Treating Our Addiction to Mass Criminalization
By Shakyra Diaz
“The United States will never be able to prosecute or incarcerate its way to being a safer nation,” said last week U.S. Attorney General Eric Holder, at a conference held by the Brennan Center for Justice at the New York University School of Law.
This sentiment is one shared by many around the country. As the federal government explores ways of reducing mass incarceration, a growing number of state lawmakers are leading the way toward reforms that allow those with addiction to be treated rather than criminalized, thereby freeing more law enforcement to address serious crimes.
Why are states doing this after decades of taking a tough-on-crime stance?
Well, it is simple. The immediate cost of criminalization and incarceration is high—in Ohio prison costs alone are nearly $1.5 billion a year. However, the long-term collateral costs to all of our communities is too great to quantify.
The 40-plus-year failed War on Drugs has resulted in some troubling consequences. Prisons and jails are dangerously overcrowded, millions of people are saddled with needless criminal convictions leaving employment and housing out of reach, children are separated from their parents, and entire communities are being destroyed.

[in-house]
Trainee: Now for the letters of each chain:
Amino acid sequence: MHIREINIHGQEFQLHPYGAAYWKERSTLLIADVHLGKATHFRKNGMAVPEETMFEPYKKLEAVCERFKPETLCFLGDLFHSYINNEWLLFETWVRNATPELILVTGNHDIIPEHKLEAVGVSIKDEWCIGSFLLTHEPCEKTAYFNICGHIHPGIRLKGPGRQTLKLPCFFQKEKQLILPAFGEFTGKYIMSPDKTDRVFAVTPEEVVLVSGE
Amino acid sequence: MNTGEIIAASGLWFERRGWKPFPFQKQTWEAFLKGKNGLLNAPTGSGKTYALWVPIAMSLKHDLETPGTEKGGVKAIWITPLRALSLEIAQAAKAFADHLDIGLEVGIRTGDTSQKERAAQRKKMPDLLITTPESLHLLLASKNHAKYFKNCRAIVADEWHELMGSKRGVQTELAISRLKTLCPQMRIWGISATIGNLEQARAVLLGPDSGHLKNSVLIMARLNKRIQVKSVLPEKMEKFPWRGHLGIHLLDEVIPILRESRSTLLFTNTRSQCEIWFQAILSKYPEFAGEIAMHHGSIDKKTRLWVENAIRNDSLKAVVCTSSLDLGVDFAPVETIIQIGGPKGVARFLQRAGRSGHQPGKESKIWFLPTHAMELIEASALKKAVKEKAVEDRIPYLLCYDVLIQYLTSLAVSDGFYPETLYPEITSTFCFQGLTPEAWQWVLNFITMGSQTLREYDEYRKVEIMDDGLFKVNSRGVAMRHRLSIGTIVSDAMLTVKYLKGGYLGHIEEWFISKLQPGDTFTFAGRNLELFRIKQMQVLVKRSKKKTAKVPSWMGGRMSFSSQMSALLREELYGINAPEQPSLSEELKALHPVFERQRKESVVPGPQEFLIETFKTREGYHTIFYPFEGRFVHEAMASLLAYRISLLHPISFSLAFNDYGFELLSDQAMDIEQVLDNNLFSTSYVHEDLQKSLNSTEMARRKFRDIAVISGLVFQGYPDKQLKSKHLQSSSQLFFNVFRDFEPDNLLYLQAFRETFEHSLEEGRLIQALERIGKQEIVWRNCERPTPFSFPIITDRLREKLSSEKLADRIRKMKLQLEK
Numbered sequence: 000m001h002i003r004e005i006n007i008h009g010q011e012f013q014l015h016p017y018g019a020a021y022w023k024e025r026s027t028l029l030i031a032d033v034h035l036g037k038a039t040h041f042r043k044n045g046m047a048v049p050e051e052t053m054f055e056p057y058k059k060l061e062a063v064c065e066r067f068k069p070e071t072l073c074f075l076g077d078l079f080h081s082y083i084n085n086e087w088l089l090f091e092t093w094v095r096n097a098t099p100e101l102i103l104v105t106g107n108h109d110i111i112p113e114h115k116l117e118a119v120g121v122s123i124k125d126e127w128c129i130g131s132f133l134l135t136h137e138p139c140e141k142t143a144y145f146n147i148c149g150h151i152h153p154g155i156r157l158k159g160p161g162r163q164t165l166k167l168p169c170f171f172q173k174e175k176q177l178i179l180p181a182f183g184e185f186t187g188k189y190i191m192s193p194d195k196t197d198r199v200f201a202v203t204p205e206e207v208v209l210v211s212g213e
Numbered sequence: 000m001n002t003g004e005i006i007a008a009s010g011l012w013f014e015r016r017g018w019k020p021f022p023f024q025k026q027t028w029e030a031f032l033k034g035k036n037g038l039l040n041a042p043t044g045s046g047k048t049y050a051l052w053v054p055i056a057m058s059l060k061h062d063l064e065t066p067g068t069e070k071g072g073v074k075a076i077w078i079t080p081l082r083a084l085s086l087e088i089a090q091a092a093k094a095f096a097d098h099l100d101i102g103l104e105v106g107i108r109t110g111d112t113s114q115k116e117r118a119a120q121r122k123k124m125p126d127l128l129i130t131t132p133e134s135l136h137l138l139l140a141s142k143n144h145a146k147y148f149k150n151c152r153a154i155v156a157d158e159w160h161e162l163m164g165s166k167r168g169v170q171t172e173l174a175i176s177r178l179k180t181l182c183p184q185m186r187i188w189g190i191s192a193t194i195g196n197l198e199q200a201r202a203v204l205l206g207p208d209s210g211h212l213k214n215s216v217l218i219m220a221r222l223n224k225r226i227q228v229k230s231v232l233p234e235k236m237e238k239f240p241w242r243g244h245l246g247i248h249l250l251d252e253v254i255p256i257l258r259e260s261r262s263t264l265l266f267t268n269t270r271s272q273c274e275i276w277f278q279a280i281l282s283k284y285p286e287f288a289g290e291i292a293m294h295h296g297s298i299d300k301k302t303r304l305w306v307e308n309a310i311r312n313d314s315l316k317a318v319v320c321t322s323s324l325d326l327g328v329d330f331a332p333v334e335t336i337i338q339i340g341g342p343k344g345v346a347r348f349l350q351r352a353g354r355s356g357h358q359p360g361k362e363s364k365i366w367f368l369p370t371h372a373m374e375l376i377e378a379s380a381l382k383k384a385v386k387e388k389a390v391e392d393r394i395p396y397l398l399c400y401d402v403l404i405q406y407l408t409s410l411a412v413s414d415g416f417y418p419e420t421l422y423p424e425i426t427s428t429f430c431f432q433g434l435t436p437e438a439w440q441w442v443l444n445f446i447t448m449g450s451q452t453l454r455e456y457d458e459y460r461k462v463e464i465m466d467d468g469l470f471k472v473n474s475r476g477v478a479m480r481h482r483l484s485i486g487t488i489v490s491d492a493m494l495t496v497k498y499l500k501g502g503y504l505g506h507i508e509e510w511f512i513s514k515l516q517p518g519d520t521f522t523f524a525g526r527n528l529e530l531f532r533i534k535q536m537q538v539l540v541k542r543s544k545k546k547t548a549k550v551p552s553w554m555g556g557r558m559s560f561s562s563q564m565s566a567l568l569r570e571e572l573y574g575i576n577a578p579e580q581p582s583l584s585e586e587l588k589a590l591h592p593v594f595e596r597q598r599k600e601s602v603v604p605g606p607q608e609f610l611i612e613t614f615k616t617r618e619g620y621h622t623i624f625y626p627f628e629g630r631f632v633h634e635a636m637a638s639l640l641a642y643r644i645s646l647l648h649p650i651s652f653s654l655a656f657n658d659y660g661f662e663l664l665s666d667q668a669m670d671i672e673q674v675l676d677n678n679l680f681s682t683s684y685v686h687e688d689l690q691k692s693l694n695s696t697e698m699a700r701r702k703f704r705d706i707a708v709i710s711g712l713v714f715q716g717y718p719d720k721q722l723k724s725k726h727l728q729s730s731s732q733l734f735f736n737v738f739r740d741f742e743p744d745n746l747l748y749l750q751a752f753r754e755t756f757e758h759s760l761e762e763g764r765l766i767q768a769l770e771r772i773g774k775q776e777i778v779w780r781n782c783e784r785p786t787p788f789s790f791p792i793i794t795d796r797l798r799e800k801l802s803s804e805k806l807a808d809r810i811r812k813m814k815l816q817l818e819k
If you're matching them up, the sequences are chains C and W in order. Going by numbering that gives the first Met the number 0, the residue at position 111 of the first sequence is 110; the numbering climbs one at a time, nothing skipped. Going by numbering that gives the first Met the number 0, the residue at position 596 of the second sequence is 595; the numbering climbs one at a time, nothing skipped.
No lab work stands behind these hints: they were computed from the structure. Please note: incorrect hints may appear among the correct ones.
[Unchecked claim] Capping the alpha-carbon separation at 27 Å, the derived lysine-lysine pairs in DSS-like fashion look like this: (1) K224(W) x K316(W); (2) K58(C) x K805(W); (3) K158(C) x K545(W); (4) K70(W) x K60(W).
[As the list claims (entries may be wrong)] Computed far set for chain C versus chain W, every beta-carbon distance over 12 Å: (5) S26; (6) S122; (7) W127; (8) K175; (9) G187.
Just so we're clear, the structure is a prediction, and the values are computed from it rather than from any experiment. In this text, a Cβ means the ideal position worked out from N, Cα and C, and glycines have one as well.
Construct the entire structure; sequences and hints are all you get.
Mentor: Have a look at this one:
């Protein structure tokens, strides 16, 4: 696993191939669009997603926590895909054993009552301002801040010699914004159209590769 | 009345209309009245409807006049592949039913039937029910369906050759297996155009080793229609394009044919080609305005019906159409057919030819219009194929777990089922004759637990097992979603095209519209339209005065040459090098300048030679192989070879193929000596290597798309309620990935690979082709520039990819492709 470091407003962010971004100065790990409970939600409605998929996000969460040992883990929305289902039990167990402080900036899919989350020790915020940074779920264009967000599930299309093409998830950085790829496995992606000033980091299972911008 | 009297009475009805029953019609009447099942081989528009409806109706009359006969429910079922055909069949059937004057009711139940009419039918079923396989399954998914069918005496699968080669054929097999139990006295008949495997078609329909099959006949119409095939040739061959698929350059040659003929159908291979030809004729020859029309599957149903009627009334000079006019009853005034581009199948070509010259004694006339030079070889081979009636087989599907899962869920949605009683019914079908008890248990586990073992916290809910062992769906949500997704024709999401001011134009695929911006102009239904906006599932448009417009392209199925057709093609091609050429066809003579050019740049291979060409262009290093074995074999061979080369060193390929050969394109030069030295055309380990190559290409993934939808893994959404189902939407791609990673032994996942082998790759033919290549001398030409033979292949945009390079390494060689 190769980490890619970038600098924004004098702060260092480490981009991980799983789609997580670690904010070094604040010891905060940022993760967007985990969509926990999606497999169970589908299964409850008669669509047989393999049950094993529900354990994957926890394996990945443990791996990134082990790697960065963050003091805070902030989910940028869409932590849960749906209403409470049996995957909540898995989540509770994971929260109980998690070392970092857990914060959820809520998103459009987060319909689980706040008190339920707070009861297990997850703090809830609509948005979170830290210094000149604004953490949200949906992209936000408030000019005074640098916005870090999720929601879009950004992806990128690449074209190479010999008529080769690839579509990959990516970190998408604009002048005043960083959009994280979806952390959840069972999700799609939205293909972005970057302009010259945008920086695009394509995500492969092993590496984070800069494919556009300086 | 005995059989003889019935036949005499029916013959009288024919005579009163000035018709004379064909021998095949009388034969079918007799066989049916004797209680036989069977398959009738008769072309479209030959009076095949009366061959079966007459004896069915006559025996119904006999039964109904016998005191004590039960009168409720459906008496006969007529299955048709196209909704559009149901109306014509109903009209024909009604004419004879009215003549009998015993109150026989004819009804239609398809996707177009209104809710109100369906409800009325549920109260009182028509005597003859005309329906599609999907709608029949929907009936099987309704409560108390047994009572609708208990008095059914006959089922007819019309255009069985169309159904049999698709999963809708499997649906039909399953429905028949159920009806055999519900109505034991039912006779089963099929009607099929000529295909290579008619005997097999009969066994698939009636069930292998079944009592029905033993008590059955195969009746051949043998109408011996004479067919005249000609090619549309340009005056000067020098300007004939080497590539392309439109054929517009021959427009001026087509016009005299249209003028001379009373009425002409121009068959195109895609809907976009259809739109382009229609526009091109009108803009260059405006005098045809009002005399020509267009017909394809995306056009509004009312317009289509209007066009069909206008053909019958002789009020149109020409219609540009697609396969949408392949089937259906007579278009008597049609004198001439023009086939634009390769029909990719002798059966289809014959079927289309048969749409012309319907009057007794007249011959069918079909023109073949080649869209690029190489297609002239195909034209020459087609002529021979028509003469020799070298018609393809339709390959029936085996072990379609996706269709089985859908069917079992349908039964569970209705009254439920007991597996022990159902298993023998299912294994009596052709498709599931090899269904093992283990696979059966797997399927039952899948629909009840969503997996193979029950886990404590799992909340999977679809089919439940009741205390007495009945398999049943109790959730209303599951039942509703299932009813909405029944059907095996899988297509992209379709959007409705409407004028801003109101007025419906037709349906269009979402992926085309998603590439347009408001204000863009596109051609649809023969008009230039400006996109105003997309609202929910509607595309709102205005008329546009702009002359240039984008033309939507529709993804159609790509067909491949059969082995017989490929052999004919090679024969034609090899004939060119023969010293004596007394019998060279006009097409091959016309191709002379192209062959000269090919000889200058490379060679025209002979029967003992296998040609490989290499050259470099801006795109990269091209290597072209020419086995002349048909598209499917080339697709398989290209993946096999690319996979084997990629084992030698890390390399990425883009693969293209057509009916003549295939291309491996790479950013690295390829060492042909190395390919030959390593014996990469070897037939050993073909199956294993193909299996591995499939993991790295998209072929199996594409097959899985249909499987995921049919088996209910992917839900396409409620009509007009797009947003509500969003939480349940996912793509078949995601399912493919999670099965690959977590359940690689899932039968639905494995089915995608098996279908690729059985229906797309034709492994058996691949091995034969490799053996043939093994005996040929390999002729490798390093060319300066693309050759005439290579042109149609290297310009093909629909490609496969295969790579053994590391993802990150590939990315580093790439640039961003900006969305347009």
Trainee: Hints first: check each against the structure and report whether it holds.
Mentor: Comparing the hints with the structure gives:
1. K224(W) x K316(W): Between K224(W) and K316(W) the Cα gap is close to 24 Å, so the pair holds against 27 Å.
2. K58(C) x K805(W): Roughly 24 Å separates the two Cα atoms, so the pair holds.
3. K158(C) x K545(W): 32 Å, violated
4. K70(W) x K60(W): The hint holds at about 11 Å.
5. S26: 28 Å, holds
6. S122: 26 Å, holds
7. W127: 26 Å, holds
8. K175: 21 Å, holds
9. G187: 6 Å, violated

Some lawmakers blame increased use of drugs for the incarceration crisis. To the contrary, wrongheaded laws and policies increasing penalties for drug use while simultaneously eliminating many treatment options for addiction and mental illness is the true culprit.
As other large prison states look to overhaul the way they respond to drug and low-level offenses in an effort to right the wrongs created by the War on Drugs as outlined in the book, The New Jim Crow, some in Ohio are still very much committed to the costly war.
While other states are looking to treat drug possession as a misdemeanor instead of a felony, some in Ohio are looking to increase sentencing penalties for drug use.
While other states are looking to expand treatment options evenly across their state, some in Ohio think that prison, not treatment, is the best option.
If you don’t think that we need a new model in Ohio, take a look at the numbers.
According the Ohio Department of Rehabilitation and Corrections:
- 80 percent of those incarcerated in Ohio’s prisons have a documented history of alcohol and/or drug abuse.
- 41 percent of those entering prison have been convicted of low-level offenses.
- 25 percent of those admitted to prison did not break the law, rather they broke a probation rule.
- Approximately 56,000 children in Ohio have an incarcerated parent.
Ohio should not be left behind as other states take bold steps to stop over-criminalization and mass incarceration. As one of the top 10 prison states in the country, we cannot afford to continue on this path.
We have been tough on people and our budgets—too tough—and we have made things worse. It is time to leave the old punitive policies of the past behind and look toward new, fair, and effective solutions.